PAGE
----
The rise of the Citizen Blogger has enabled all of us to own a bit of the press every time we hit “submit.” We are now actively engaged in updating our whereabouts, communicating volumes in 140 characters and sending images of what has just moved us. We actively post messages, links and family announcements. We do more, we are broadcasting our lives through the spectrum of Facebook and Twitter, blogs and forums. We have become closer as we have become digitally enabled. Participating in this medium which entertains and informs, we sometimes become the online content ourselves. We are used to seeing our names in online print now, it is a source of pride and sometimes accomplishment.
What if we can take this a step further and actually begin to participate in the medium of entertainment with a game for players competing for points. This is the next step in the Transmedia toolbox, the branding within the virtual world component, because as an avatar the player is more directly tied into the game. There are many massively multiplayer online role-playing games in the market, and ones within virtual worlds that reflect gaming style activity. Zattikka‘s upcoming Monty Python-branded Ministry of Silly Games social game will include features by the virtual world developer Dubit. This includes a narrative that ties it together as a social game in what would otherwise be a collection of mini-games.
Virtual worlds will generate $3.9 billion globally in revenue from subscription fees, in-game virtual goods sales, and third-party marketing by the end of 2011 the latest report Kzero has announced. Virtual worlds are clearly a force in the online competition for time, the new currency. How can entertainment be woven in more personally and become something of our own? Would viewer login entertainment be something people will try?
Wanting to do a game show in our 3D physical world is a bit more difficult. Board games that are home versions of popular TV shows have been a staple since Hopalong Cassidy inspired the first one in the 1950's. What used to be fun to play in the living room has evolved certainly. Games are still played but now with Wii, Xbox and PlayStations. Old TV shows didn't have a social TV network growing up around them. What we have now would have been inconceivable, as we have been advancing in our sophistication with media and messages. What we can do today surpasses all previous forms of correspondence. That we can implement our views, opinions, disgust, joy and personal moments means we are also shaping the landscape, and ready to jump to the next level.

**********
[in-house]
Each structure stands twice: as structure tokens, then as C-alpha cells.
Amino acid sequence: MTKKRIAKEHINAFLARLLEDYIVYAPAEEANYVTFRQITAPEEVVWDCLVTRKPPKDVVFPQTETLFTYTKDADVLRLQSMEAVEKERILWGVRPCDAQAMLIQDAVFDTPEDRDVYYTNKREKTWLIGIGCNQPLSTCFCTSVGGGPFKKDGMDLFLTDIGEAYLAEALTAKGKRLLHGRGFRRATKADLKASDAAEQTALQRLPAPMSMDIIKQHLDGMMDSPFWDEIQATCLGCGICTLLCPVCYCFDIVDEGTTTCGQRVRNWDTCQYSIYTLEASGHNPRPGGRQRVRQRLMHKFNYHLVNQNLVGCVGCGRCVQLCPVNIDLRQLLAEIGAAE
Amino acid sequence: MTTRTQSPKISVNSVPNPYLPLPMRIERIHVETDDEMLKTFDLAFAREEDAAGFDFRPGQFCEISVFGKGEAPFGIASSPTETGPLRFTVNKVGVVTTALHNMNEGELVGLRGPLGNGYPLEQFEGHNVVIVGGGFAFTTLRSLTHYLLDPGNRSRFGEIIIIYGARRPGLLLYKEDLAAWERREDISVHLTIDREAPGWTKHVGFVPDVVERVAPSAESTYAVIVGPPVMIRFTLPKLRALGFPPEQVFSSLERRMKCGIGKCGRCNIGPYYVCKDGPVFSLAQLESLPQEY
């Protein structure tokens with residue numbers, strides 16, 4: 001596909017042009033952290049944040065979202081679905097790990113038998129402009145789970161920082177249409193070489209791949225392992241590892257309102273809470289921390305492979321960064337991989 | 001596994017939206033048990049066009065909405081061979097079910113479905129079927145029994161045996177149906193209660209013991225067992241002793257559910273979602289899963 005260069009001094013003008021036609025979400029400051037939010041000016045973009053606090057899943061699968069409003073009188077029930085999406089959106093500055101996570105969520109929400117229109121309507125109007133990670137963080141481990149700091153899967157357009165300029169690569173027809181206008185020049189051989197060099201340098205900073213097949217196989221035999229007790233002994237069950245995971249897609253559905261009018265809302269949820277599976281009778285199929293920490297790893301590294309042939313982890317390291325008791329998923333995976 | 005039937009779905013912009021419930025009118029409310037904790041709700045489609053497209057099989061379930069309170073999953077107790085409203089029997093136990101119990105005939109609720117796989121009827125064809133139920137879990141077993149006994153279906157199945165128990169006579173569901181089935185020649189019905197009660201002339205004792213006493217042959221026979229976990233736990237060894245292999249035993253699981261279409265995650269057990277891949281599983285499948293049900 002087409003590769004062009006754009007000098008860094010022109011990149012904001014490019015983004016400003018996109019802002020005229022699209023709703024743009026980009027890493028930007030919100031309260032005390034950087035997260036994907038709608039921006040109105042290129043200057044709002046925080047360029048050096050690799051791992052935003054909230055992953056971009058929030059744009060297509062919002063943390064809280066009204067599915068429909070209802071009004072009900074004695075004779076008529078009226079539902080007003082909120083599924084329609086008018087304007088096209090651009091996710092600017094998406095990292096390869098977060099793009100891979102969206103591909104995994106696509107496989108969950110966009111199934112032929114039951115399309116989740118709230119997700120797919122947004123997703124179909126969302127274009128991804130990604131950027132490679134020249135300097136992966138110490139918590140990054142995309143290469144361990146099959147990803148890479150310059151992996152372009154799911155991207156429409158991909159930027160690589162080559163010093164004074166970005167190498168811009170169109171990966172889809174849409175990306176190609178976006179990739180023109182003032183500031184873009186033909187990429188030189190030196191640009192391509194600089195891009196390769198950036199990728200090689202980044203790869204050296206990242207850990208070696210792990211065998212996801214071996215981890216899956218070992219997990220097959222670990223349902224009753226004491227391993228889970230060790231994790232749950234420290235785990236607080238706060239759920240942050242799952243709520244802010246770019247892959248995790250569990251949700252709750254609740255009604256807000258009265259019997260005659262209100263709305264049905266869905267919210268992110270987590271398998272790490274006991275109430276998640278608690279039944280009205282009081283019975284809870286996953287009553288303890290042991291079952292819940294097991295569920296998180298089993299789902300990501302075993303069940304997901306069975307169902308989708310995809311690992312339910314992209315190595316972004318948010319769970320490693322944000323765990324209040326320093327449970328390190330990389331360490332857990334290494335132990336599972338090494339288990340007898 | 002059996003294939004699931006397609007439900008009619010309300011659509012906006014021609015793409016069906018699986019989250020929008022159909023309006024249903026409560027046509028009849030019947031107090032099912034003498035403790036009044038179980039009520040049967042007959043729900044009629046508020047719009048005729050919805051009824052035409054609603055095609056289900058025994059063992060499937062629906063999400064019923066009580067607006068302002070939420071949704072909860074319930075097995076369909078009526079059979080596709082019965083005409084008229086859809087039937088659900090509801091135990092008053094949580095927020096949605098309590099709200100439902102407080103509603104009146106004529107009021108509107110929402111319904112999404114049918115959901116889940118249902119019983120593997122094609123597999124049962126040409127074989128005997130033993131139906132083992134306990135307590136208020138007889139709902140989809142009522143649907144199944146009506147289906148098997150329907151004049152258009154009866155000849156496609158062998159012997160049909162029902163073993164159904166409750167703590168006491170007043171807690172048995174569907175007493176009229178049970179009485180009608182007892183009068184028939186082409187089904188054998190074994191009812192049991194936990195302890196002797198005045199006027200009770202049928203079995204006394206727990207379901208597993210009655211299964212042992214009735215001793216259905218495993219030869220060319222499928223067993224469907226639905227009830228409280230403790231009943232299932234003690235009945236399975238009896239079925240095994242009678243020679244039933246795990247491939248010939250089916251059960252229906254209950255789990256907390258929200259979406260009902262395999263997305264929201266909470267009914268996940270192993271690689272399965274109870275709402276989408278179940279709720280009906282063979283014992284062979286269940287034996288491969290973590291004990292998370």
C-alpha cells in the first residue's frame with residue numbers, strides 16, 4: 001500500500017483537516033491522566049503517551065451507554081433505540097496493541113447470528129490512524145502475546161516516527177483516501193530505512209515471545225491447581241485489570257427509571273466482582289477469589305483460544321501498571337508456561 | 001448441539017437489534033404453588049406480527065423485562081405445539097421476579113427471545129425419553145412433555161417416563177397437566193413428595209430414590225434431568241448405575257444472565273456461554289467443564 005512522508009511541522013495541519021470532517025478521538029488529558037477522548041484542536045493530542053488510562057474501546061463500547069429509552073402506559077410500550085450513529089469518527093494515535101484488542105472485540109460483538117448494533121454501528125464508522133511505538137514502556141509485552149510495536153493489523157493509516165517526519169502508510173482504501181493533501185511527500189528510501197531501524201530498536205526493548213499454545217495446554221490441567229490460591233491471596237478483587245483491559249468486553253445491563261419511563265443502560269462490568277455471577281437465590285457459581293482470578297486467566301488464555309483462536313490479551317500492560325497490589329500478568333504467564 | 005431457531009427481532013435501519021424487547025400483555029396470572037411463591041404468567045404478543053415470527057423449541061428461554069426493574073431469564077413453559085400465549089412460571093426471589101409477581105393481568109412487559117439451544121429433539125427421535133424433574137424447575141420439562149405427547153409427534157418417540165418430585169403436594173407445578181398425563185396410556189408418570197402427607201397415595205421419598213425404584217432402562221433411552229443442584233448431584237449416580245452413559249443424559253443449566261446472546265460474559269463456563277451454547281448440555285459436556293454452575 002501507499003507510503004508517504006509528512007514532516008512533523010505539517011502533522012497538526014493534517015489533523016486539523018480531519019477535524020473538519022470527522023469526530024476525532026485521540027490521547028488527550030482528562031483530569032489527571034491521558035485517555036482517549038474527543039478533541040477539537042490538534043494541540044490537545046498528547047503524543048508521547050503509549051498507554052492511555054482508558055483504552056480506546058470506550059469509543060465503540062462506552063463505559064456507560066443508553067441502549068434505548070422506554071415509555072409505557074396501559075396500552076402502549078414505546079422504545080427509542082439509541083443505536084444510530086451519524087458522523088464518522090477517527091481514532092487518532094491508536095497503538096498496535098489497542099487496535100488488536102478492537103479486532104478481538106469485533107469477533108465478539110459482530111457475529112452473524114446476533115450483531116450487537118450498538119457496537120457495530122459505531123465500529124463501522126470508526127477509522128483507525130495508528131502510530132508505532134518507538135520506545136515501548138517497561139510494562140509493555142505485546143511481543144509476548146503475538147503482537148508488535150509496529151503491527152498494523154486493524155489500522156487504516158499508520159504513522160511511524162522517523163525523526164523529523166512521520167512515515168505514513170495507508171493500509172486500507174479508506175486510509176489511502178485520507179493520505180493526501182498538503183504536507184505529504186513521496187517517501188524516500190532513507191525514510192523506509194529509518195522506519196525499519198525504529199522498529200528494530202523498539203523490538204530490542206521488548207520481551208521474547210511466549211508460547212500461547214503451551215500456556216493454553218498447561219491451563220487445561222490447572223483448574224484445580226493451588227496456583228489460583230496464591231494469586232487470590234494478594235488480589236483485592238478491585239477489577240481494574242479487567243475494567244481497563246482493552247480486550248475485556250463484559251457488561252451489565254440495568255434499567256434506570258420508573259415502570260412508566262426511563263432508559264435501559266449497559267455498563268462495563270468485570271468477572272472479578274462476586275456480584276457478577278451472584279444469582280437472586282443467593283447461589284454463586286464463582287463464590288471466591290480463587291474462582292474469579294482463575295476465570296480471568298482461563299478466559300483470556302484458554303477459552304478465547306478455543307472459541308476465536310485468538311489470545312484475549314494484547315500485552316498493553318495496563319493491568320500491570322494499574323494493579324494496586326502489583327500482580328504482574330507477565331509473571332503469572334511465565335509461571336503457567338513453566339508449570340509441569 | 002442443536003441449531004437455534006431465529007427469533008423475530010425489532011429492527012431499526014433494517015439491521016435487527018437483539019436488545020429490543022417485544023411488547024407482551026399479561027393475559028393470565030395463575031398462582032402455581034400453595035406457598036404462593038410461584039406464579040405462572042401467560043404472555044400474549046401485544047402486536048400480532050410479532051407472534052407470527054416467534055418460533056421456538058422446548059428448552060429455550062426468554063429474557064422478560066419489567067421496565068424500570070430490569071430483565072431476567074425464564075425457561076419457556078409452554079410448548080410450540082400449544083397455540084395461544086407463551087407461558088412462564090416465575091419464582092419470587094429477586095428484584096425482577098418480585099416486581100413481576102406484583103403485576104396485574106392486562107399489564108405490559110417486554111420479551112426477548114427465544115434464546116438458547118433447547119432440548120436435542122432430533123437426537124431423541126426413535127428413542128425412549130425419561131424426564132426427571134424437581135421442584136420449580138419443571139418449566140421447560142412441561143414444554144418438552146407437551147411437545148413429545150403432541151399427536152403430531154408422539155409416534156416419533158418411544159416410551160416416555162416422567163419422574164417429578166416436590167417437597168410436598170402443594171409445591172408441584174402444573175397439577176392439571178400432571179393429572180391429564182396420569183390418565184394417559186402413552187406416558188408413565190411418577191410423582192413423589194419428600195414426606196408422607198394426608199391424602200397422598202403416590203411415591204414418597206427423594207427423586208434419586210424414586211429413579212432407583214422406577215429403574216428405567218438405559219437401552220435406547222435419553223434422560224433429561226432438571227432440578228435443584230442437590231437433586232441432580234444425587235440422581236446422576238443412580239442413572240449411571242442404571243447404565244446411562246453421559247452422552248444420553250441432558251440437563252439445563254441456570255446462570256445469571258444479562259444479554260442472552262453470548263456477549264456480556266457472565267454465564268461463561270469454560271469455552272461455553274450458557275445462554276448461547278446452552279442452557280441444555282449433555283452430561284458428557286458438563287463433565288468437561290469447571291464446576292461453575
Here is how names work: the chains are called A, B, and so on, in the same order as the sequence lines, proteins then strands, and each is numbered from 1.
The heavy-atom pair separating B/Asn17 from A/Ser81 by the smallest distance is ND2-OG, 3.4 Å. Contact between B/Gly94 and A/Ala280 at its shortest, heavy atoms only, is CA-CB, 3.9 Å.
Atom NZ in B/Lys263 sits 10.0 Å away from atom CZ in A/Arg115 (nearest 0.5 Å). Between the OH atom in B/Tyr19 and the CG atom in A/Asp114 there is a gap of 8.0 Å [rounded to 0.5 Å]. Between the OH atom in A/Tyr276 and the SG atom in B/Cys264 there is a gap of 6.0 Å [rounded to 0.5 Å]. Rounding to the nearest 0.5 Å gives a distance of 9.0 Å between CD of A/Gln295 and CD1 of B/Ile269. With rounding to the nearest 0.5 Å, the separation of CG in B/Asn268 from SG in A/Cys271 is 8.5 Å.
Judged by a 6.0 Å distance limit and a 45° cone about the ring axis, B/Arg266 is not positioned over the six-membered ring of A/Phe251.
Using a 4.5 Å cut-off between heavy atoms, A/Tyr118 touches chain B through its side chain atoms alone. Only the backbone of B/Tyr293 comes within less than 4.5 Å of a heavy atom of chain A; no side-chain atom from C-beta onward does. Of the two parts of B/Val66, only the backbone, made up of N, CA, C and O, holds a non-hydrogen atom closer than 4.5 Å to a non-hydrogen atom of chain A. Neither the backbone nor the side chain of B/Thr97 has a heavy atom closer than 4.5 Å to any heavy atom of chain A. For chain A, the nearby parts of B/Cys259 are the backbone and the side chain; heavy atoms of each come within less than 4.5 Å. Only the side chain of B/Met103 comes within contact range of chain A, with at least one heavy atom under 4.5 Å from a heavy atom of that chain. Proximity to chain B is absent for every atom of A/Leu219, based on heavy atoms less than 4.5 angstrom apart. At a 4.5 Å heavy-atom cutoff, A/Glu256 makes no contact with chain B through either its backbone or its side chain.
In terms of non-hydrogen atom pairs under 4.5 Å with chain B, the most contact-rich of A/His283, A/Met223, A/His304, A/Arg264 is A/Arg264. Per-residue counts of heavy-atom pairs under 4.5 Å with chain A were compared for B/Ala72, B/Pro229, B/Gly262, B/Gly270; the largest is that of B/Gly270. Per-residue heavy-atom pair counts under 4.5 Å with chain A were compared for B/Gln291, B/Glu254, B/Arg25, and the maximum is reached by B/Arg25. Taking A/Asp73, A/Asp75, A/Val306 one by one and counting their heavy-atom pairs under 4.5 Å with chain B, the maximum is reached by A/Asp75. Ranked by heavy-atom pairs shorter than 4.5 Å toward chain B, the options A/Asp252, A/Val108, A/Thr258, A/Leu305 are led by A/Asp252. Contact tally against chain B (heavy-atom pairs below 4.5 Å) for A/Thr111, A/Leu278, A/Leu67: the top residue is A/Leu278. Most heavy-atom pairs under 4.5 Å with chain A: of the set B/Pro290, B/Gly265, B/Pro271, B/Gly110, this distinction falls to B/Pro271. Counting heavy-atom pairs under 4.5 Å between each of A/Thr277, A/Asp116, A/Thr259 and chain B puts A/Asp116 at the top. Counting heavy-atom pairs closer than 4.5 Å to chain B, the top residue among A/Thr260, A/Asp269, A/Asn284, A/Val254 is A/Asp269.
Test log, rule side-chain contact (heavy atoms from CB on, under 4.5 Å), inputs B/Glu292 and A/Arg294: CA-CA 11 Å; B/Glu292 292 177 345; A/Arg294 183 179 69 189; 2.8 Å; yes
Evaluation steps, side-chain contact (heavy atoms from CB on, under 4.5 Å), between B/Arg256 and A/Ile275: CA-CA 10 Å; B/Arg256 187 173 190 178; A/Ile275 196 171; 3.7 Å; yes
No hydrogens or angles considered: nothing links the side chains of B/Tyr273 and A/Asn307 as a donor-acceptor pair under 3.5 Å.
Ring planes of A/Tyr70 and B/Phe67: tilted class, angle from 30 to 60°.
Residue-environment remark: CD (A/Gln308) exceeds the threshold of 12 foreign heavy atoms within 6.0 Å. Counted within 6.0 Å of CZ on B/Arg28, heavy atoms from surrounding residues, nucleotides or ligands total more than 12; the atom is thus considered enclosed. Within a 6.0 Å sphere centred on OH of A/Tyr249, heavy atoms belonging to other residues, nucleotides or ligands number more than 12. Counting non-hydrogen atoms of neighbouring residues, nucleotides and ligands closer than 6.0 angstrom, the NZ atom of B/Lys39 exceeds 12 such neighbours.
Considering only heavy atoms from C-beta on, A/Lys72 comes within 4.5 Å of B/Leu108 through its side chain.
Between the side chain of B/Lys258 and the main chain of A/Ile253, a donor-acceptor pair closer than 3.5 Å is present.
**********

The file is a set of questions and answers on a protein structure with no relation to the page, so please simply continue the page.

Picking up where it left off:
Social TV & Connected TV are no longer just buzzwords, nor are they just another distribution platform for web content. They represent opportunity for people to become engaged with the program directly in two ways. One is by allowing people a text box to contribute to so people can play along. Another way is with avatar enabled shows and to actually join the audience. No need for a trip to Universal City to actually be there, and you can even send a private message to someone in the audience, or even the host. You can't send Letterman a text message. Perhaps you wouldn't but the point is that having a presence inside the show, making you part of it, is a step in entertainment with more potential than telling your friends what you are watching. Logging into a show of your interest, whether it be game, comedy or debate for example that was happening in real-time, will give people a way to join in immersively with an avatar.
What encourages me about the current landscape for viewer login entertainment in avatar form is Avatar Kinect and a recent participation in our own social entertainment. What could be more social than playing along with your friends in a very cool 3D environment? Avatar Kinect requires an XBOX, a Gold Membership and Kinect sensor. Virtual worlds offer a free approach to this, for example, Second Life is free. There are even virtual networks created by residents of Second Life. Avatar Kinect is great, but for variety of environment and being able to build whatever you want, get it built, what to wear, etc. – Second Life remains unparalleled.
This is a very cost effective platform too – a game show in real life can cost $90,000 to produce. The costs of producing in Second Life is a tenth to twentieth of that. This allows for a lot of experimentation with the genre. The ability to build and program point scoring, falling hearts and buzzers also makes this the platform of choice. As a next step in pro-active entertainment, this might be it.